This one is relatively easy to answer. Despite what senior US officers were (or weren’t) telling government officials, the Afghan army and police were in many areas not getting their pay, in some places they had no food – a corrupt government with numerous officials grabbing the loot.
And despite the hoopla from some American officers about how they’d upgraded the Afghan army, many of the rank-and-file remain illiterate (if you can’t read maps, you can’t call in artillery or aircraft fire). There have also been startling rates of desertion and attrition, according to a forthcoming book, The Afghanistan Papers: A Secret History of the War by Craig Whitlock of the Washington Post.
What’s more, it was obviously already known to Afghans that US and other forces had left and were leaving, and Taliban members were talking to their fellow countrymen and offering them nice dollars – not to mention no blood – if they simply laid down their arms and disappeared. Why die for a corrupt government and a bunch of foreigners?
This brings us to what has been dubbed the Taliban 2.0 – the so-called new Taliban. Well, Taliban leaders would have to be pretty stupid not to have realised in their discussions with the American peacemakers in Qatar that the Americans wanted to get out, and all they (the Taliban negotiators) had to do was agree with certain things and they’d be rid of the accursed foreigners. (Lesson: do not confuse ultra-conservative religious orthodoxy with stupidity.)
This brings us to some other questions. The Taliban have so far presented an apparently reasonable and relatively moderate face to the world, but is this – the Doha face – going to continue? If things go awry, there will be terrible times for women and girls and their families.
All the experts say we have to wait and see. There are already social media reports that groups of bearded men are going from house to house asking about women and journalists. Still, would the Taliban leadership take the chance of messing up what has become a “famous victory”?
Similarly, what about all those people trying to reach the Hamid Karzai International Airport (which the US controls), foreign citizens and those who worked for the foreigners during the last 20 years? It depends on how well the Taliban rank-and-file are getting the message from their leaders – especially as it seems obvious that the US military state department is talking to the Taliban leaders.
I’d guess that foreigners and those with visas and such paperwork will make it through the Taliban checkpoints outside the airport. But I fear that Afghans without documents, who have to “explain” their connection with the US or Brits or try to “rationalise” their need for leaving, are going to have a tough time.
Still, the Taliban leaders know the US and others are watching – and that the US and others are very touchy just now for a number of reasons.
A deeply corrupt, feckless government; countless factions; irresolute, weak, and leaderless “security” forces whose loyalties are not really known; broken promises of all kinds; the chaos of violence, including looting; sections of a country’s citizens apparently thrown to the wolves ...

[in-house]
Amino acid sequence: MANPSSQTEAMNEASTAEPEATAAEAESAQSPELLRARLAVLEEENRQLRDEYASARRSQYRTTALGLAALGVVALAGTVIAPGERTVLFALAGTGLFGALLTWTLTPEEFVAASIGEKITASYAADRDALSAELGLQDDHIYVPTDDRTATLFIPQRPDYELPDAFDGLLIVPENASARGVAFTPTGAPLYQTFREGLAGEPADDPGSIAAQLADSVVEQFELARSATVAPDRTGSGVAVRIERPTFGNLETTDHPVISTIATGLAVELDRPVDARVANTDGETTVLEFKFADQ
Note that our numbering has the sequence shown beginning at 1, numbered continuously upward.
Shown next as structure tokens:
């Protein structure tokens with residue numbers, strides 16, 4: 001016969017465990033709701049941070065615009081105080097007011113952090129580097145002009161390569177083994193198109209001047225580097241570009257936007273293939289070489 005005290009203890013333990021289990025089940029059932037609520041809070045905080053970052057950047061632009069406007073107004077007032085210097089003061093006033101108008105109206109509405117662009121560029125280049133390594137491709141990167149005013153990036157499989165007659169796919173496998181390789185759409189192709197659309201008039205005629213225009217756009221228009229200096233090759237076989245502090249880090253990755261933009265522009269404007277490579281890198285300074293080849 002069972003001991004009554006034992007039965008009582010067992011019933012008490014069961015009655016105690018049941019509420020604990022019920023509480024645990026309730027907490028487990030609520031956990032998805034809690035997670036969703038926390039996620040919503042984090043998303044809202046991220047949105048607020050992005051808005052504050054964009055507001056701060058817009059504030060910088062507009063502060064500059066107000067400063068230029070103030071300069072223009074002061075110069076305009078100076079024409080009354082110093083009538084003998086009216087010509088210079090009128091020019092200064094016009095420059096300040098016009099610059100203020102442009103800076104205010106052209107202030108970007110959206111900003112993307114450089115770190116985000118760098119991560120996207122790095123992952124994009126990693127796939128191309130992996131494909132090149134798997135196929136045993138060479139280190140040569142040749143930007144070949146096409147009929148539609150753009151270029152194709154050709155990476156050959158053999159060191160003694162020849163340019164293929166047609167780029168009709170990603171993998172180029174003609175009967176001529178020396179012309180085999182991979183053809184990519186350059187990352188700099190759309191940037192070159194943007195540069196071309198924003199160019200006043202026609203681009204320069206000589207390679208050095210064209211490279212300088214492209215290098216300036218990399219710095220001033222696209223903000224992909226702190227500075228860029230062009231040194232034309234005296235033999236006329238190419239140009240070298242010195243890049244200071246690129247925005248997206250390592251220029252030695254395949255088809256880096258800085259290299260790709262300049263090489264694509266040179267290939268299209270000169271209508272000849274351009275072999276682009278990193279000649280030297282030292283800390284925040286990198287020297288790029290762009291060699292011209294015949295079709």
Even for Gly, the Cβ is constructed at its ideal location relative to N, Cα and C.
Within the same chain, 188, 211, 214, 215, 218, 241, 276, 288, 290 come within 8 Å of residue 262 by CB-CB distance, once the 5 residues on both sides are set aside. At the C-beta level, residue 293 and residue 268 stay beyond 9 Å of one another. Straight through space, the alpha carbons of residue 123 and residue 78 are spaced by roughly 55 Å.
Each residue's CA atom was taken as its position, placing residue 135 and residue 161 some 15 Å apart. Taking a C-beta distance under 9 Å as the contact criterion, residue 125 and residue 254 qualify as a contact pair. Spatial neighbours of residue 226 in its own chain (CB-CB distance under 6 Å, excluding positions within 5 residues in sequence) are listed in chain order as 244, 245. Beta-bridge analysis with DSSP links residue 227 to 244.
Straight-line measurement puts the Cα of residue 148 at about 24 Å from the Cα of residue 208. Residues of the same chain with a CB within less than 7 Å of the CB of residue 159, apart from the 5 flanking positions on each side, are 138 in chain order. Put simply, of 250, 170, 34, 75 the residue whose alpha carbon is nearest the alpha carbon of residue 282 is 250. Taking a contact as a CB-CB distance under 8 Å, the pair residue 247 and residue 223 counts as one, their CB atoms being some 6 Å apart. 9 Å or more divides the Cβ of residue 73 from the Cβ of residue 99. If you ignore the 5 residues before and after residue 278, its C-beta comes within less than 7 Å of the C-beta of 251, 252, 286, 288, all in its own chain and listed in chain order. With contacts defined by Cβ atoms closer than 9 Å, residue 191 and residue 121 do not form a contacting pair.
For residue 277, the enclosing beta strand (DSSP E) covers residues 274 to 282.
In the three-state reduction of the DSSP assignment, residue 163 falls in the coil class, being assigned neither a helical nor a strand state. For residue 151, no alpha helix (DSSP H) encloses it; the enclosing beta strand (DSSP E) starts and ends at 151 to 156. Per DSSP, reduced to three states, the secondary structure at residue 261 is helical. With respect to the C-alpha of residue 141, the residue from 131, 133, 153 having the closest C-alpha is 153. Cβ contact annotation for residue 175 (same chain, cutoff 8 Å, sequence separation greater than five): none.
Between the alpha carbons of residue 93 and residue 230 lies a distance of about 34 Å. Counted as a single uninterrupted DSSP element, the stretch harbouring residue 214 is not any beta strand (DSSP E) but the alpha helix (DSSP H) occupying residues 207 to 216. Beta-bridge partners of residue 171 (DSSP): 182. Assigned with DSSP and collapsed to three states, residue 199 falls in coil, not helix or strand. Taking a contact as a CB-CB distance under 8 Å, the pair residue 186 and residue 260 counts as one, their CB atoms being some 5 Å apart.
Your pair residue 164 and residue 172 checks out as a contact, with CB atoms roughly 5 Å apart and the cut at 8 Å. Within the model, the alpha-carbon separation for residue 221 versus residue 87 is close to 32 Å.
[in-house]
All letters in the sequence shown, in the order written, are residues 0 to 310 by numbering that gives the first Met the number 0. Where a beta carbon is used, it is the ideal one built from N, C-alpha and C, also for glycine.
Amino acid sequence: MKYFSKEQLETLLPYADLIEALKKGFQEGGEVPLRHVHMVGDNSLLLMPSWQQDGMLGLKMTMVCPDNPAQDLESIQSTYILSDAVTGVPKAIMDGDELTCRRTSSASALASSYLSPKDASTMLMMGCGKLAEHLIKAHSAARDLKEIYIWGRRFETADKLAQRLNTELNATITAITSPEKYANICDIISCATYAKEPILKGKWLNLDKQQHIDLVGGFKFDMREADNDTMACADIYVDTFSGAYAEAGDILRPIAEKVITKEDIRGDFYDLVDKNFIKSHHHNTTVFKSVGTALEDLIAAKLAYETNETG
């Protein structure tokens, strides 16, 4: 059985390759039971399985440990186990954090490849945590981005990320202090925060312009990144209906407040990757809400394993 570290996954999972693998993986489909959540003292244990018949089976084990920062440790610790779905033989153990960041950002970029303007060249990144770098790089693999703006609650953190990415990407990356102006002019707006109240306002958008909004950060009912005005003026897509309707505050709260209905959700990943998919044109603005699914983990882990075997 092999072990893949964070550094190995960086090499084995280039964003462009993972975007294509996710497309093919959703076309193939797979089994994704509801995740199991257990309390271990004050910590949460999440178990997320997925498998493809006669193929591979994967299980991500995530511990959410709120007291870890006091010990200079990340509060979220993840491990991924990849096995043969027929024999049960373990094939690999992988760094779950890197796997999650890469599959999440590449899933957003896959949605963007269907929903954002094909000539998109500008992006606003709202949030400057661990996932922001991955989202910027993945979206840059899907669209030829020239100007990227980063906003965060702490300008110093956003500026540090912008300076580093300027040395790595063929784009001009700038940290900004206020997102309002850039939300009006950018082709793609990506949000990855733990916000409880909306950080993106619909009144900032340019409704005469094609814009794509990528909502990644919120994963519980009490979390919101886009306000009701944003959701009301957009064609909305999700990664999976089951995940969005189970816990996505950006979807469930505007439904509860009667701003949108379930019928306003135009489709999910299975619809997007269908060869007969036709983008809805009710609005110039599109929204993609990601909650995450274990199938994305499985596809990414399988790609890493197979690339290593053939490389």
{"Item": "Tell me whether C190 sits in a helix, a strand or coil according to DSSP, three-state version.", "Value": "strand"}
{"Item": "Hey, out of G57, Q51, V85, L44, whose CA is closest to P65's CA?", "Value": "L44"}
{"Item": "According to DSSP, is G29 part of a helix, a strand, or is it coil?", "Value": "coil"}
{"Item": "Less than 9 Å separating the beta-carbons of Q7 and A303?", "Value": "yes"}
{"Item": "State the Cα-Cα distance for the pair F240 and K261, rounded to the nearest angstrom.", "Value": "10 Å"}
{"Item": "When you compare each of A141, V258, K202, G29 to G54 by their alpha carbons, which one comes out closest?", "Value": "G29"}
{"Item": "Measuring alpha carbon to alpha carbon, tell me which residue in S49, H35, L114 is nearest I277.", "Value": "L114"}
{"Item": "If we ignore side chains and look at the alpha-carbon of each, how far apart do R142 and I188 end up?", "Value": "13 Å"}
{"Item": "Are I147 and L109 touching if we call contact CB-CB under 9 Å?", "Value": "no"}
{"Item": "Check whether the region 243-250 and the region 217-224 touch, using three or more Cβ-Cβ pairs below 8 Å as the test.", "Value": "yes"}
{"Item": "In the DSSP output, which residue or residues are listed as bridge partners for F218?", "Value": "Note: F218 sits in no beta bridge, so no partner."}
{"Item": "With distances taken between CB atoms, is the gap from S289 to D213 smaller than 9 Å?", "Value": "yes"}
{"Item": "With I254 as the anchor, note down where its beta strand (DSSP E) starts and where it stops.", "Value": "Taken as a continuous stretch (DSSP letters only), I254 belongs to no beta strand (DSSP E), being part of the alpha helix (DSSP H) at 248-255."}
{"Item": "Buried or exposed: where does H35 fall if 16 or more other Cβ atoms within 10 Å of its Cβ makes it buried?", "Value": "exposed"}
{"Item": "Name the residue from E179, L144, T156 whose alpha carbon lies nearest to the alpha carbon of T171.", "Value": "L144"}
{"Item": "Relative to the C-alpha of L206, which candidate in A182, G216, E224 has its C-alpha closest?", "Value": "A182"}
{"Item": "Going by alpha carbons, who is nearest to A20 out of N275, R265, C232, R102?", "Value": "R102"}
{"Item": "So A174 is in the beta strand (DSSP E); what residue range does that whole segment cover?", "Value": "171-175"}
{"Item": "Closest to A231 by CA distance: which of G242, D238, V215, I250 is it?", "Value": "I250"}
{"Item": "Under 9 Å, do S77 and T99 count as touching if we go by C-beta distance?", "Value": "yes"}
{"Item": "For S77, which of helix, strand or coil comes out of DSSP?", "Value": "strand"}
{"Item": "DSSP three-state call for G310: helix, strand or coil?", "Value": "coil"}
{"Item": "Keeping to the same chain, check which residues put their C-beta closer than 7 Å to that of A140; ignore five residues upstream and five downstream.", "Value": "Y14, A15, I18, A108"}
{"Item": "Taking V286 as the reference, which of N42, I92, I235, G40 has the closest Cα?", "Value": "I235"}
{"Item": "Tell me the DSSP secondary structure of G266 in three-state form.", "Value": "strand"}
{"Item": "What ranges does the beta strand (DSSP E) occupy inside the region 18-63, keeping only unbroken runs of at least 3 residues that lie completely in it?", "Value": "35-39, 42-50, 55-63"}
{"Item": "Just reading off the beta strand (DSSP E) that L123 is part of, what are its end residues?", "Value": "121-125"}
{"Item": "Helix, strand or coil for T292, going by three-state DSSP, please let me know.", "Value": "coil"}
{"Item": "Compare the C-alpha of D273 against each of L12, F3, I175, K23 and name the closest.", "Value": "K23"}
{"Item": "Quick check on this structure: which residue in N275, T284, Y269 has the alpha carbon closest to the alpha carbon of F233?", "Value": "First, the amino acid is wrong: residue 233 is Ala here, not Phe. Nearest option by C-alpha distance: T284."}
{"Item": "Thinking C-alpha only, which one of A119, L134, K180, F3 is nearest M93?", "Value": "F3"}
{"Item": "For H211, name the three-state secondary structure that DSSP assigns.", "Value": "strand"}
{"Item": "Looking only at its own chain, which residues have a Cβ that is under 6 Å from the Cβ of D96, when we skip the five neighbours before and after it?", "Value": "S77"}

And there I was, trying not to write about South Africa in any way.
[i] The books were recommended by “Afghanistan expert” Thomas Barfield, professor of anthropology at Boston University, director of the Institute for the Study of Muslim Societies & Civilization, etc.
[ii] Barfield’s choice is: The Muqaddimah: An Introduction to History by Ibn Khaldun; Buzkashi: Game and Power in Afghanistan by G Whitney Azoy; A Political and Diplomatic History of Afghanistan, 1863-1901 by M Hassan Kakar; Descent into Chaos: The United States and the Failure of Nation Building in Pakistan, Afghanistan, and Central Asia by Ahmed Rashid; and The Man Who Would Be King: The First American in Afghanistan by Ben Macintyre.
[iii] For example, one of Barfield’s book choices is, as we see, about “buzkashi,” which means, literally, goat-grabbing. As Barfield explains, “buzkashi is a very famous game played in North Afghanistan which is a bit like polo played with a dead goat, or rather a calf because the Afghans say a goat is too fragile and the game ends too fast! In this type of polo, a scrum of horsemen battles to grab the carcass and break free with it to win the round”.
[iv] Let’s also not forget that my Parkview neighbour, Greg Mills, head of the Johannesburg-based Brenthurst Foundation, wrote From Africa to Afghanistan: With Richards and NATO to Kabul (Wits University Press, 2007) and various more recent (and excellent) articles, which readers can easily find.
[v] Steele won a Martha Gellhorn Prize for Journalism in honour of his career contributions; was named International Reporter of the Year in the British Press Awards in 1981 and again in 1991; won the London Press Club’s Scoop of the Year Award in 1991 for being the only English-language reporter to reach the villa in the Crimea where Mikhail Gorbachev was held captive and to interview the Soviet president during the brief coup in August that year; in 1998, won Amnesty International's foreign reporting award for his coverage of ethnic cleansing in Kosovo; and in 1998 also won the James Cameron Award.
[vi] Handily, too, Steele’s book starts with “Thirteen myths about Afghanistan,” each of which is explained more fully in the text.
[vii] The Taliban promised to prevent terrorism, to renounce al-Qaeda, and to prevent groups from using Afghan soil to plot attacks on the US or its allies.